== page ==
This page covers the basics of order management in your Shipwire account. Before reading this section, you should know how to create an order in your Shipwire account.
On this page
Each order goes through several stages between its creation and delivery to the customer.
When an order is created, it is in Pending status until it is sent to the warehouse (based on your ‘Submit orders to warehouse’ setting in the Shipping preferences of your Shipwire account). While an order is pending you will be able to modify the order:
- Hold order
- Edit order: change an order’s product, quantity, destination, and shipping method
- Cancel order
- Duplicate order
|Can edit||Can cancel|
2. Warehouse processing
After an order leaves Pending status, it is sent to the warehouse. You will see when the order has been submitted, and how long it has been in processing at the warehouse.
At this stage, order details such as destination or quantities are no longer editable. However, depending on its processing stage, it may be possible to cancel the order. If it has been received by the warehouse management system but has not been picked from inventory yet, it may be possible to cancel the order in urgent situations. If the order has been picked, packaged, and placed on the truck for shipping, it is not possible to cancel it.
If you need to modify the order (contents/quantities/addresses/etc.), you must contact the Shipwire Care team to cancel the order (if possible) and you will need to recreate the order with the correct information. It is not possible to edit an order that is in Warehouse processing.
|Can edit||Can cancel|
|✖||✔ (best effort)|
After processing, the order is shipped to its destination. The time when the order was shipped and a tracking number is provided where applicable.
Orders which have been shipped cannot be canceled, since they are already in transit.
|Can edit||Can cancel|
An order can be held either automatically because of a trigger, or manually from your Shipwire account. Generally, held orders fall into the following categories:
- Backorder: there is insufficient inventory to fulfill an order.
- Unverified address: our address verification systems could not verify the destination address you provided for the order.
- Commercial invoice hold: on international orders, an HTS code is required to identify the goods being shipped. When missing, a hold is placed on the order until a valid HTS code is provided, please click here to read more about the commercial invoice requirements.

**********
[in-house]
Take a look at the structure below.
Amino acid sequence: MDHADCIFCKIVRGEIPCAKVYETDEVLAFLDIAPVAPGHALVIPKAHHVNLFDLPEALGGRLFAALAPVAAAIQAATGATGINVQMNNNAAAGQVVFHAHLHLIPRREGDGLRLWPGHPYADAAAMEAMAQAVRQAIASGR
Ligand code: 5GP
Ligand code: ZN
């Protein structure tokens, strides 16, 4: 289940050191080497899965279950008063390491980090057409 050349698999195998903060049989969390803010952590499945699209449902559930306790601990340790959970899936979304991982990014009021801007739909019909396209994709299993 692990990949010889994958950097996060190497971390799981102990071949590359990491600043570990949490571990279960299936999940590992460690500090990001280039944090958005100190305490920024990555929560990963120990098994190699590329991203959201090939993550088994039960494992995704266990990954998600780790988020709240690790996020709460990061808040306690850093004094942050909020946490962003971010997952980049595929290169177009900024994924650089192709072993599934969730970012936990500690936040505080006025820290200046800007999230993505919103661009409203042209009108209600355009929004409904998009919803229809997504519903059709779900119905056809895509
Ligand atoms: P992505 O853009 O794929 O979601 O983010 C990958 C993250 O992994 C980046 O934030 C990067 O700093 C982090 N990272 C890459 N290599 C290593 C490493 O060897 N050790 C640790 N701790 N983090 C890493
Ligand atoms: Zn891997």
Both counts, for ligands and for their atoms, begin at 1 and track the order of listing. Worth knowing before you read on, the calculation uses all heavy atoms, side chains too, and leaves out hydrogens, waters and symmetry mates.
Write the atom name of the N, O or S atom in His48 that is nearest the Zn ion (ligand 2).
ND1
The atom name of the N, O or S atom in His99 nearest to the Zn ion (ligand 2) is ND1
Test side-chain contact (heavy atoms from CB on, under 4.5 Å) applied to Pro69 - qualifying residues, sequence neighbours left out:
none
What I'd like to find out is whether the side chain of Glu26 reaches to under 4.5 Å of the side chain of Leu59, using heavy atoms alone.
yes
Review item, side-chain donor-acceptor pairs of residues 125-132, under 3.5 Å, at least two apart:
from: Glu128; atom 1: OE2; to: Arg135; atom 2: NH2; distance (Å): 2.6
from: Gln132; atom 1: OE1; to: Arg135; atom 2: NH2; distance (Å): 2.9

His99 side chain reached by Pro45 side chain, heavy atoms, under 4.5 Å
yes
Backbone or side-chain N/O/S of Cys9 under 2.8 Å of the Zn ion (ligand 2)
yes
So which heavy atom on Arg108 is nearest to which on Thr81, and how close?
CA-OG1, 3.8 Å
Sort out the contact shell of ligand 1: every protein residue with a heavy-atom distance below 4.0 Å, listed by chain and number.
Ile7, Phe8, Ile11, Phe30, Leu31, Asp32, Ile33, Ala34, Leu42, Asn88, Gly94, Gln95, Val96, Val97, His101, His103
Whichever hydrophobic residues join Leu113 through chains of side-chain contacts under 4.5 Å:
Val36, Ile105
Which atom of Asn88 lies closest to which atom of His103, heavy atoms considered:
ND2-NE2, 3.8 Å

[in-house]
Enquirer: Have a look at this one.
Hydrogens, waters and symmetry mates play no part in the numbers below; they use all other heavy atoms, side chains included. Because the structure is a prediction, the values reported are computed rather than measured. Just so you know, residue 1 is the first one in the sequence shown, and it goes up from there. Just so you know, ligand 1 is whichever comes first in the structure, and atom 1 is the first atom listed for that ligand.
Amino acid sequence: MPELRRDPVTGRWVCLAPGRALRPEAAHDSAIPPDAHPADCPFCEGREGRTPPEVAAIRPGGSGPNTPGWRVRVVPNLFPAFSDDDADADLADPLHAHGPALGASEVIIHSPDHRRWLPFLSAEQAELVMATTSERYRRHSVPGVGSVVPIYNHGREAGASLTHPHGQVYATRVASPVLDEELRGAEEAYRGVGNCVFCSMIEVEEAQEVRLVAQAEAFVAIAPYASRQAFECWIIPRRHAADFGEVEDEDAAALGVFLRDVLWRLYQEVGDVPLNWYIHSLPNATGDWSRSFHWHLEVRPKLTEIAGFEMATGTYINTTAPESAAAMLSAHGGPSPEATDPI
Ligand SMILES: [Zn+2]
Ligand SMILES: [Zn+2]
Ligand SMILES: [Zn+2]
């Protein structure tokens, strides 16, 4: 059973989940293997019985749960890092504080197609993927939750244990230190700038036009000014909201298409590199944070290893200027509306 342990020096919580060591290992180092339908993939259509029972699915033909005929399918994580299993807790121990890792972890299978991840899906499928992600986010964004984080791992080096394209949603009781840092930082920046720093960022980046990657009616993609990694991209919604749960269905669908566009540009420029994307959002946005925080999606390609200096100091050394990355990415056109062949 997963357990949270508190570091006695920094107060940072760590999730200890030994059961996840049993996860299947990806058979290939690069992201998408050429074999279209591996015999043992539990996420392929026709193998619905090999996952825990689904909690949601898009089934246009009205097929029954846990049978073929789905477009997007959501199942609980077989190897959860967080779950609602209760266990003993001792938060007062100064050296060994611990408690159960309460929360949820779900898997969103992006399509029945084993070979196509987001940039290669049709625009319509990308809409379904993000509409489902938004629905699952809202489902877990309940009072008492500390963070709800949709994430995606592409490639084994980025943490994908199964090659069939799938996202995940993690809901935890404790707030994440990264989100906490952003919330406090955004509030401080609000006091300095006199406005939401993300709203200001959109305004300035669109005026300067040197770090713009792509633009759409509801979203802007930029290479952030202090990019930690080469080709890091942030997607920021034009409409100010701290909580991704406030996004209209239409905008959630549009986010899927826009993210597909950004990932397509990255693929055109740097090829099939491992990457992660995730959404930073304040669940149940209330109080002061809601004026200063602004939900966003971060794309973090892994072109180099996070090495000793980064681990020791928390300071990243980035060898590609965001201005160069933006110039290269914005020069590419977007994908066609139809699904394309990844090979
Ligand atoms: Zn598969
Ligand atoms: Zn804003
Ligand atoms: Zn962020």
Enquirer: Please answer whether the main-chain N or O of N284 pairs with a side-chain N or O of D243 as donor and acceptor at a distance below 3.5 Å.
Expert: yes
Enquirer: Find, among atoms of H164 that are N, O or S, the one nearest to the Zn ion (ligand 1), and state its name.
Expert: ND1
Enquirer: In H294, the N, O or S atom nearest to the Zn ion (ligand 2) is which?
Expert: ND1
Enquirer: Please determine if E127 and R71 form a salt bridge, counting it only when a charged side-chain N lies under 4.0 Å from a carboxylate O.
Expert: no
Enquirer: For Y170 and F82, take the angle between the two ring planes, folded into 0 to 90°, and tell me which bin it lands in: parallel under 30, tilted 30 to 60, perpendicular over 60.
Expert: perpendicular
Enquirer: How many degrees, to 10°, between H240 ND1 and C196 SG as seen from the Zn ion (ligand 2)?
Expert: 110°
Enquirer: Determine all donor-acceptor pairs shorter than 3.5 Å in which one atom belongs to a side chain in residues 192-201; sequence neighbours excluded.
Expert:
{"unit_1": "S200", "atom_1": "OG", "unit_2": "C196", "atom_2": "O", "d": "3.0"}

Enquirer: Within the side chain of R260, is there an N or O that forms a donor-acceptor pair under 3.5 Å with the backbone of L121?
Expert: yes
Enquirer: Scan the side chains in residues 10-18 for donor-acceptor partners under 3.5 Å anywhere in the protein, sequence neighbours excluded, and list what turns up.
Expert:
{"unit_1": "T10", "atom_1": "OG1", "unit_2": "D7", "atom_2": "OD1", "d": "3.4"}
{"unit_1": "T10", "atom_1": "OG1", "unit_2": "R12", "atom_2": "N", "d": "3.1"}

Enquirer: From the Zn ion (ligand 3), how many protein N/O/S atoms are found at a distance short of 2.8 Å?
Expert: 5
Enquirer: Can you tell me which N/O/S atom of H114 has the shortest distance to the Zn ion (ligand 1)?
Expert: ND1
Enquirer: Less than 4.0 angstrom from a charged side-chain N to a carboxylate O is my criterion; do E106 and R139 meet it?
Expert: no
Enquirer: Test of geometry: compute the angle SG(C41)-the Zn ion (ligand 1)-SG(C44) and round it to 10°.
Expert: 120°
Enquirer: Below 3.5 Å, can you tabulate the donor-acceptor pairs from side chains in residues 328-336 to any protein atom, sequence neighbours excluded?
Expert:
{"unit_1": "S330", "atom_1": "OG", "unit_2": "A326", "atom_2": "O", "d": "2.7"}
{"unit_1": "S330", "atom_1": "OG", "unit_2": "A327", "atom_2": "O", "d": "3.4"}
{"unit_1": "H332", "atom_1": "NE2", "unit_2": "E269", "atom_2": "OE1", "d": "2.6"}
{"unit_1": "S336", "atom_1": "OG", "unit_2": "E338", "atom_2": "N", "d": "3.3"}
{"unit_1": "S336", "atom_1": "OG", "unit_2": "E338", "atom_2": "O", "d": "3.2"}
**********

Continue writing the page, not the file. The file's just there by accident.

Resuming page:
- EIN hold (U.S. only): an EIN is a tax ID for businesses operating in the US. An EIN is required when shipping into the U.S., or shipping internationally out of the U.S.
- Invalid phone number (Hong Kong only): When shipping from Hong Kong, carriers like DHL require a legitimate phone number and will refuse to ship if the phone number is invalid. The phone number may require a country code matching the destination country, and the order will be placed on hold if not provided.
- Manual hold: a user places a manual hold on the account in the Shipwire account.
- Shipping method not chosen: if you create an order but do not select a valid shipping method, it will be on hold until you choose one.
- Invalid product (SKU): if your product ID (SKU) is different in shopping cart than it is in your Shipwire account, the order will be placed on hold. Products must be described exactly the same in both your cart and Shipwire, or an alias must be created.
- System preference hold: you can set automatic holds based on flags. Ex: if shipping cost exceeds $20, or if you want orders held for a specific product.
To minimize holds, ensure none of the above hold triggers are set off. Because automated systems can trigger holds, you should check your account and dashboard on daily basis. If orders are held because of unforeseen circumstances, you will be able to fix them with minimal delays with regular monitoring.
Backorders occur when there is not enough inventory to fulfill a specific order.
In some cases, backorders can be created even when it appears you have enough inventory. For example, if you have the following order:
|Order contents||LA warehouse inventory||PA warehouse inventory|
In this case, total quantities in your account will be shown as
PRODUCT A x 5
PRODUCT B x 5
PRODUCT C x 5
but the order will be placed on backorder because the inventory is not available in a single location.
To resolve, you should send more inventory to the location where the backorder has been placed. You can also split the order into 2 separate orders, one order containing PRODUCT A from LA and, and another order containing PRODUCT B and PRODUCT C from PA, sending the products to the customer separately rather than waiting for new inventory to arrive to a warehouse.
First in first out backorder resolutions
Backorders are resolved on a first-in-first-out criteria.
The oldest order in the system that’s on backorder will get shipped out first. The last order will get shipped out last. If you have backorders, and new inventory comes in with product and only satisfied 50% of the backorders, then the first 50% of the backorders will be fulfilled in their chronological order.